Feb 12 2013

Article: “The Cup Races- Recollections of 1904-1905-1906” by Joe Tracy


 VanderbiltCupRaces.com contributor Walter McCarthy has forwarded this July 1944 article by driver Joe Tracy published in Veteran Motor Car Club of America's Bulb Horn. Illustrations were provided by the prominent artist Peter Helck.

Walter notes the article "gives a lot of insight and details from the Vanderbilt Cup Races". Below are the highlights of the article supplemented by images from my collection.

Thanks Walter!

Enjoy,

Howard Kroplick

Tracy dedicated the article to mechanicians:

To those unsung heroes who clung grimly to the mechanicians' seats, who, without hesitancy but with utter confidence, placed their lives in the hands of their drivers, and whose names were seldom mentioned, except in the casualty list, these reveries are affectionately inscribed".

"Having developed a taste for speedy driving as a result of initial experiences with motorcycles and cars,...I looked about for a mount to drive in the first Vanderbilt Cup Race on Long Island in 1904."

"Practice for the race was limited, as the car was not ready until a few days before the date of the event. We did not feel the need of much practice, however, as we were familiar with the course, and in any event the maximum speed of this car was hardly high enough to be a matter of great concern, even when negotiating the curves".

"...we were at the white line, awaiting the voice of fate in the guise of the starter's staccato command, "Ready, you have 10 seconds,9-8-7-6-5-4-3-2-1- GO!"

"On the first lap after we had gone trough the control in Hempstead at a walking pace, "piloted" by a man on a bicycle, we were waiting for the command to "resume speed" (if any). Instead, we were greeted hilariously by Barney Oldfield, shouting "Let her go, Joe,-- -- it,", a recommendation we followed with alacrity, only to find we had been incited to make a false start."

"To escape certain destruction, I immediately served the Royal Tourist to the right and almost off the road, but barely in time to allow a huge Panhard driven by George Heath, the "Earl of Pawtucket", to streak by in another smother of dust."

"When it was found impossible to continue in the race..I left the car in charge of my riding mate, Alfred Poole, and called his attention to a godly supply of chocolate planted under the seat cushions as emergency rations."

"I rode to the Grandstand in a friend's car to report to Charley Duerr, and found him rather despondent. Taking me aside, he intimated that I drove entirely too fast, and that, if I had gone SLOWER, I would have won hands down, as the fast pace had resulted in wrecking the engine. He sagely concluded, "There is moderation in all things!!"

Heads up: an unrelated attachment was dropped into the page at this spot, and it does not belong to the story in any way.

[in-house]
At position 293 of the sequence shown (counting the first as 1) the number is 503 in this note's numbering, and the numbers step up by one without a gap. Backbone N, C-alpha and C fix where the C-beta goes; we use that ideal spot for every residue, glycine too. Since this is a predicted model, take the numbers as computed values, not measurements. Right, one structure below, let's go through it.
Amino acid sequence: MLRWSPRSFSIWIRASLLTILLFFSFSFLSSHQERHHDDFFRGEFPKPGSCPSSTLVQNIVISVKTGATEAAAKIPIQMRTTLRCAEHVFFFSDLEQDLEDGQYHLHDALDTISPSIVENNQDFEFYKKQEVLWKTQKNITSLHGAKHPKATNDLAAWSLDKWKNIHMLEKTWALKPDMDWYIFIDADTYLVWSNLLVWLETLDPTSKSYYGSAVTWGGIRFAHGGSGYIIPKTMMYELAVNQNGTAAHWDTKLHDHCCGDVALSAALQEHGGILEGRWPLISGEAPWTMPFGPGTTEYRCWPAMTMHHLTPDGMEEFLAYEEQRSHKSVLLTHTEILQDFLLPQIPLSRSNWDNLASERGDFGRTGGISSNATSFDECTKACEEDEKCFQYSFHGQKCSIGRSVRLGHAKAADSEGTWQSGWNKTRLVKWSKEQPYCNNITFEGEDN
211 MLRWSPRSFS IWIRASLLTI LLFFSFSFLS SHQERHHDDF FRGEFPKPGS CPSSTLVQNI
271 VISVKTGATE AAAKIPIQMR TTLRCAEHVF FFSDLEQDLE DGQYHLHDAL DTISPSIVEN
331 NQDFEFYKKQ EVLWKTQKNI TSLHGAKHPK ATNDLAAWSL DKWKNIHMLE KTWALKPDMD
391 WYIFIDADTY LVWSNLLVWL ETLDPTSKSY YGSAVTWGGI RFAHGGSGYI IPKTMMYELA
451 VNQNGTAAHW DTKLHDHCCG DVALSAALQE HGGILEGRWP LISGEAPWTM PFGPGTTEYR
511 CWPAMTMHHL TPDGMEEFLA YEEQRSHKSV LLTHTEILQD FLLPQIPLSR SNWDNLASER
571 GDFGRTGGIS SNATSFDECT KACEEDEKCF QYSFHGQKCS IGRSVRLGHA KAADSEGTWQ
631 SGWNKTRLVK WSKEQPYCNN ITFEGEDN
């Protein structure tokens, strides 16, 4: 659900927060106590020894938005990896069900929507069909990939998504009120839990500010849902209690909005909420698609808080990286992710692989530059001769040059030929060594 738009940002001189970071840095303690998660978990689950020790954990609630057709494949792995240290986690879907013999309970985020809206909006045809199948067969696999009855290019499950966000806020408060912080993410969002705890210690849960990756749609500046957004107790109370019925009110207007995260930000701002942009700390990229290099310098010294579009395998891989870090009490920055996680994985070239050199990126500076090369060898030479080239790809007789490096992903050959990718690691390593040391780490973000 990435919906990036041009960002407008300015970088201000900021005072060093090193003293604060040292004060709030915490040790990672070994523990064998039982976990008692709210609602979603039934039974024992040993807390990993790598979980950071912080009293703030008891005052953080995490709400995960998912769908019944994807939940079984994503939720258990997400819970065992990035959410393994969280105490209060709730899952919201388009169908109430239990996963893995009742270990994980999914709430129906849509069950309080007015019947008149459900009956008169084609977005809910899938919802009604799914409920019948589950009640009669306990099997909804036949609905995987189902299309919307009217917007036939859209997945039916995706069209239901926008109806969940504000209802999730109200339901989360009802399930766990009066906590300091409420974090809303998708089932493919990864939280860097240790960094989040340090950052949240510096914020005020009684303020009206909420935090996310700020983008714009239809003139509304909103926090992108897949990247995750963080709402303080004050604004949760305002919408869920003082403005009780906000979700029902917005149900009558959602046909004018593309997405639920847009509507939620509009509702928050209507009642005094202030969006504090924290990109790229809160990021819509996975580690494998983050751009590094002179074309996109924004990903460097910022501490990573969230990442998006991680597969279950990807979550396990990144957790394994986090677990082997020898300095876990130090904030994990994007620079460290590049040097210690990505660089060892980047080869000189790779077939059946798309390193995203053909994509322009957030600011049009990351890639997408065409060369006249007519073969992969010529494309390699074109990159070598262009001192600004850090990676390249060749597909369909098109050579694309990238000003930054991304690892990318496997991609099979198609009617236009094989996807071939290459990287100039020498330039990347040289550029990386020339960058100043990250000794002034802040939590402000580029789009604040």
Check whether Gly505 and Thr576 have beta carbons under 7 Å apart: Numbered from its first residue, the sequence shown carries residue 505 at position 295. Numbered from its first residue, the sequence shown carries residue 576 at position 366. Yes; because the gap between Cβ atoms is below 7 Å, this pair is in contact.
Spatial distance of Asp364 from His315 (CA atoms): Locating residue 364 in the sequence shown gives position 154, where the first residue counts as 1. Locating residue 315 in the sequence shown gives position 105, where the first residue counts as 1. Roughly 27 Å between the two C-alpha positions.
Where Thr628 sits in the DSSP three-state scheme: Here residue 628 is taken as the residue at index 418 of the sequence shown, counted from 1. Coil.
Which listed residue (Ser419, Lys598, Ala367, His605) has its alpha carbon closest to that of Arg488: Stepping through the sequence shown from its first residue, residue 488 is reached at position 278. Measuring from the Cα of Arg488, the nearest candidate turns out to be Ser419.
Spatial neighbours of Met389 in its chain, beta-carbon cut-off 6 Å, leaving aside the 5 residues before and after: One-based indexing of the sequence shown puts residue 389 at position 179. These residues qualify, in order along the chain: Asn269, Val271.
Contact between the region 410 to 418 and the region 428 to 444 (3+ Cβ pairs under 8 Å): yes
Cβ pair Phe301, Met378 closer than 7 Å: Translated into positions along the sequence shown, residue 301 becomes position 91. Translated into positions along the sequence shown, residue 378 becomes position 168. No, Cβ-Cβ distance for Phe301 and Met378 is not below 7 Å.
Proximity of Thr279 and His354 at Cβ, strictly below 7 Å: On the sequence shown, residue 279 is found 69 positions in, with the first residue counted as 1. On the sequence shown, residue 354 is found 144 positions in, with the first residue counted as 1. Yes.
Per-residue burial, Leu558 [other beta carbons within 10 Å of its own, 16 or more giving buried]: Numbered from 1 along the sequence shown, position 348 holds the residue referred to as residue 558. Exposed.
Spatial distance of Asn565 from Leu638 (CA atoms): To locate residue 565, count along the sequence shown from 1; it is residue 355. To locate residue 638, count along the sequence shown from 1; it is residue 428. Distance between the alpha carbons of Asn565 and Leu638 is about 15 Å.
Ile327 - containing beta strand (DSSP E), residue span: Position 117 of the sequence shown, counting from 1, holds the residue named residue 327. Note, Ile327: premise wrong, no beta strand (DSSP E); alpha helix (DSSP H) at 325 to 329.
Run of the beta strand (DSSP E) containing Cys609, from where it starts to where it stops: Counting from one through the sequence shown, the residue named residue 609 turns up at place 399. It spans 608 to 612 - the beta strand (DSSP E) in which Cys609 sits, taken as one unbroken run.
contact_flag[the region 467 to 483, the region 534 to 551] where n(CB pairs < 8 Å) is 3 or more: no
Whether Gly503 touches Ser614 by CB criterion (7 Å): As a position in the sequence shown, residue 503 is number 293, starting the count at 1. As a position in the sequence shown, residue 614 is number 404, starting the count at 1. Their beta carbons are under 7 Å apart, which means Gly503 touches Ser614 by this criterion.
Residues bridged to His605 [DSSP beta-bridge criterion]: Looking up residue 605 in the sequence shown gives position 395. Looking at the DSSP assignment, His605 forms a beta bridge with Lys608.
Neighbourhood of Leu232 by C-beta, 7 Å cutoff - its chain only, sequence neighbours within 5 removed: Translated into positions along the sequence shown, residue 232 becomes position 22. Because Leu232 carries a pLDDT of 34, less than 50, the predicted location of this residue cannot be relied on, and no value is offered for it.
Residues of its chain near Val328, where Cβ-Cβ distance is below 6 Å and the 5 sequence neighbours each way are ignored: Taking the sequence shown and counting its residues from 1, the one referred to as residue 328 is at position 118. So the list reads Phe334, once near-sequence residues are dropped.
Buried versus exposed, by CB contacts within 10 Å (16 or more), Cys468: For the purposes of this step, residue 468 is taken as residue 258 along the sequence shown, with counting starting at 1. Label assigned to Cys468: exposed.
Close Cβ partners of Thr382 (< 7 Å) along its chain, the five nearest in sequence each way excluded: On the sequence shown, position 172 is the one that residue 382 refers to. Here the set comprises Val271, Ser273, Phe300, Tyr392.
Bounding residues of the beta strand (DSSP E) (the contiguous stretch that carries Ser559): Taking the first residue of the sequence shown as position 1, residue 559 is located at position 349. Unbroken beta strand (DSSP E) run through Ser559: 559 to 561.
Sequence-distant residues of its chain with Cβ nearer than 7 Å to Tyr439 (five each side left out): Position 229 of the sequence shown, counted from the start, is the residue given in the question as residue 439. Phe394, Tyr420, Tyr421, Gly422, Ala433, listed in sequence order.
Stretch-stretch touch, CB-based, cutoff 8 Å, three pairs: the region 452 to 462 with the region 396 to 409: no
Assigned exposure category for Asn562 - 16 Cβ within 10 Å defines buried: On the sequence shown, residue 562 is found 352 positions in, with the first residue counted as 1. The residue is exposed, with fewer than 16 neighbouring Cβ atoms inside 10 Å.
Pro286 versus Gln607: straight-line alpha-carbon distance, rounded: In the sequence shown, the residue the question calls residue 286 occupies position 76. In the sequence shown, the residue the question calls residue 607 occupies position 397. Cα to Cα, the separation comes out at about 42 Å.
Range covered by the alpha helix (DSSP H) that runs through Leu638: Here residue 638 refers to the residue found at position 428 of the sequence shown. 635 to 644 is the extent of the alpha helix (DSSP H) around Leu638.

"While in Daytona I saw a good deal of A.L. Riker, then Chief Engineer of the Locomobile Company, and my resourcefulness in improvising ways and means for quick repairs probably was responsible for his invitation to drive the Locomobile in the Gordon-Bennett Race of that year in France in July, and also in the Vanderbilt Cup Race, later in the year, on Long Island".

"After the 1905 car had been returned from France, It was received at the factory in Bridgeport, completely overhauled and put into condition for the elimination and final races for the Vanderbilt Cup".

"It ran well in the elimination race, coming in second to a Pope Toledo driven by Bert Dingley".

"A cracked cylinder the day before the 1905 final almost prevented the Locomobile from running in this race. However with a full force working all night, new cylinders were mounted, the work being finished barely in time to enable us to get the car to the starting line only a few minutes before the race began."

"On account of having only low and high gears in the transmission, we were far to the rear in the race when it was stopped, but we had learned valuable lessons which served in good stead in designing and building the Locomobile cars for the 1906 Vanderbilt Cup Race."

"Two cars were built by the Locomobile Company to compete in the 1906 Race for the Vanderbilt Cup Race, one being held in reserve, and I was selected to drive for the company, ably assisted by Al Poole in the mechanician's seat". Note: Article incorrectly references the 1905 Race.

"I recall I was so enthusiastic at the time that I recited Kipling to Al:

"Uplift am I when first in store

the new-made beastie stood;

Were we cast down, who breathed the word

Declarin' all things good?"

"Interest has often been expressed as to the present whereabouts of the men who drove cars and made records and history in these early cup races. According to the writer's knowledge, most of them including Walter Christie, Foxhall Keene, Herbert Lytle, Nazzaro, Lancia, Belden, Jenatzy, Albert Clement and Edgar Apperson have entered the Valley of the Shadow, while Bert Dingley, now Vice President of the Marmon Herrington Company, Wally Owen, George Robertson, and Montague Roberts are still in harness".

"Although I did not take part in any contests after the 1906 Vanderbilt Cup Race, nevertheless I maintained a lively interest in the sport and a keen affection for the Locomobile car I drove in that event. Consequently I was overjoyed to witness this same car driven to victory by my old friend George Robertson in the 1908 race for the Vanderbilt Cup Race- the first time this famous trophy was won by an American car."

"Mr. Sessions assured him if ever thought of parting with the "Loco", Peter (Helck) would be given the first opportunity to own it".

PDF of Article "The Cup Races" by Joe Tracy (allow one-minute for the download).



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